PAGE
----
Meandering, zero-gravity synth tendrils float over a minimalist bass-drum backbeat, merging together into the aural analogue of the centrifuge in Stanley Kubrick's seminal 2001.
Pryor Stroud: Nosaj Thing's upcoming EP may be entitled No Reality, but the reality conjured up in "N R 2" is instantly identifiable: meandering, zero-gravity synth tendrils float over a minimalist bass-drum backbeat, merging together into the aural analogue of the centrifuge in Stanley Kubrick's seminal 2001: A Space Odyssey. Except now there's no exit to this centrifuge; it turn and turns unremittingly without giving its sole inhabitant -- Dr. David Bowman or, in this case, you -- any chance of escape. [6/10]
Chris Ingalls: I love the warmth of the keyboard bed, which provides a nice juxtaposition to the loud synth bleats that pop up intermittently. I almost wish the whole thing were more ambient and the dance beat was removed completely, but what I like about this song is very pleasant, emitting a warm, friendly (yet edgy) vibe. [7/10]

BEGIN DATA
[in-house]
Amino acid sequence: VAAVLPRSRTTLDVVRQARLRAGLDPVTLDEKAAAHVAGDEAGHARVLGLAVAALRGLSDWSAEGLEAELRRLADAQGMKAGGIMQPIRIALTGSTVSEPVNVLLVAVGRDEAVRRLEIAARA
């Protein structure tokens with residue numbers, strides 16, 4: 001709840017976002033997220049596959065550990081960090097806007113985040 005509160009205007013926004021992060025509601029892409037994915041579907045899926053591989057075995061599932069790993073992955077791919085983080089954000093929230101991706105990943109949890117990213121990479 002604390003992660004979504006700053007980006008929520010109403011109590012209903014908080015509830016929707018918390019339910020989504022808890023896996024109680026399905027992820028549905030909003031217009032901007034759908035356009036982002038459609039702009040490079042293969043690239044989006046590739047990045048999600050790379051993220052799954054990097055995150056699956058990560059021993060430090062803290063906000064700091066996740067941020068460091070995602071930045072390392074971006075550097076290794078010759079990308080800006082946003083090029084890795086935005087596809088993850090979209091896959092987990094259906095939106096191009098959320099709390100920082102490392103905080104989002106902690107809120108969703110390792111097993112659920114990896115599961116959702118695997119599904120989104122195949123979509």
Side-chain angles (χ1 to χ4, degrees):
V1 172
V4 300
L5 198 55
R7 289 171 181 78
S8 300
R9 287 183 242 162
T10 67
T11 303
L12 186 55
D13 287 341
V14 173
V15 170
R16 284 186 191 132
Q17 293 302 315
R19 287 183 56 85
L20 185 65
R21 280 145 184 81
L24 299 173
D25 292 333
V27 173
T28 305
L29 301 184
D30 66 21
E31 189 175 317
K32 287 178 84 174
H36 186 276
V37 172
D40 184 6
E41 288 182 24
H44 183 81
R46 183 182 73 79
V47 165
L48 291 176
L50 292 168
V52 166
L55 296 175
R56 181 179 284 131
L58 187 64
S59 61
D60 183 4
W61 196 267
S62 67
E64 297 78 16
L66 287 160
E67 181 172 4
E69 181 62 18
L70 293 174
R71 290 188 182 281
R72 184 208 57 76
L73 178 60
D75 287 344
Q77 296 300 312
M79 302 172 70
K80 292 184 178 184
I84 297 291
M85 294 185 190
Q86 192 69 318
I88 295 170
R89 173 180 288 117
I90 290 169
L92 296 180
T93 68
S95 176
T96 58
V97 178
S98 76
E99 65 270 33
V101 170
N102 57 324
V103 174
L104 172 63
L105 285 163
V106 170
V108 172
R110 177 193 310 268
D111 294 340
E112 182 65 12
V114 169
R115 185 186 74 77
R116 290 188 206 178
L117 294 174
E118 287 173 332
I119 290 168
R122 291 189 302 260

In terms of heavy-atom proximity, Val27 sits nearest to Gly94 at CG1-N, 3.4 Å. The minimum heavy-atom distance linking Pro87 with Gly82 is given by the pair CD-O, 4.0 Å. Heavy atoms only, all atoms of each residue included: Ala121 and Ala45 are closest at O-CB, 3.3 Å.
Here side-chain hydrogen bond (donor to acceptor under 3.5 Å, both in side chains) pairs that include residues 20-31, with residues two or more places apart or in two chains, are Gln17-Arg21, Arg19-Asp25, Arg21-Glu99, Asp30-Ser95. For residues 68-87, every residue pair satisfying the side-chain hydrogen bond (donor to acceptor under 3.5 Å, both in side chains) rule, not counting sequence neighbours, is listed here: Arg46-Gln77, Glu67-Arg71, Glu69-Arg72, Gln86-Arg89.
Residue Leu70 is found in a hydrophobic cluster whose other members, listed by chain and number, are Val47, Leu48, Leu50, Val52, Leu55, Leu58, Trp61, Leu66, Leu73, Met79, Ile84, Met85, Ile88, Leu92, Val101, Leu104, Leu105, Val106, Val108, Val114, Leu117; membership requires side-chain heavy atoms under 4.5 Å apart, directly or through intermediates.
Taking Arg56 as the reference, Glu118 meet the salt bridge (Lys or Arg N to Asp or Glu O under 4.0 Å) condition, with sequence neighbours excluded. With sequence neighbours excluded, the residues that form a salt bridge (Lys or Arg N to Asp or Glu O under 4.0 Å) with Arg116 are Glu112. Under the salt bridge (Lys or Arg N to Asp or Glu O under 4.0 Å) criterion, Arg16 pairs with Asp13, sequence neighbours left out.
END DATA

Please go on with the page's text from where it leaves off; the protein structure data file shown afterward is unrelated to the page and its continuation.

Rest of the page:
Emmanuel Elone: "N R 2" offers some pretty cool electronic sounds, but not much else. The beat is decent, and the snares and synths are good, but "N R 2" is too ethereal and cloudy to be as hard-hitting as its hefty snares and groove want you to think. Certainly, the airy atmosphere gives more texture to the synths, and the drums feel more bouncy as well, but it takes away anything from the overall immediacy of the song, leaving it flaccid and dull at certain moments. "N R 2" may not be a bad song per se, but it also isn't a track that's worth revisiting, let alone remembering. [5/10]
Steve Horowitz: “Reality used to be a friend of mine”, as P.M. Dawn used to sing, but the “No Reality” envisioned by the song and video just has a groove going for it. That said, the groove has a good flow. It goes beyond the ambient, but not much more. The effect may get one moving, but the track never takes us anywhere in particular. [6/10]
Jordan Blum: The video could certainly be more creative and interesting, but I can't say it doesn't reflect the music well, as that's almost equally repetitive and unimaginative. Both are fine as 30-second distractions, but neither warrants any more attention, and there are definitely more worthwhile entries into this style. [4/10]
Chad Miller: Enjoyable track. I like how subtly the different pieces entered and left the track. Unfortunately, the track does tend to wear out a little by the second half though. Subtle changes are cool, but when there barely anything happening throughout a four minute song, it starts to feel a little stale. [6/10]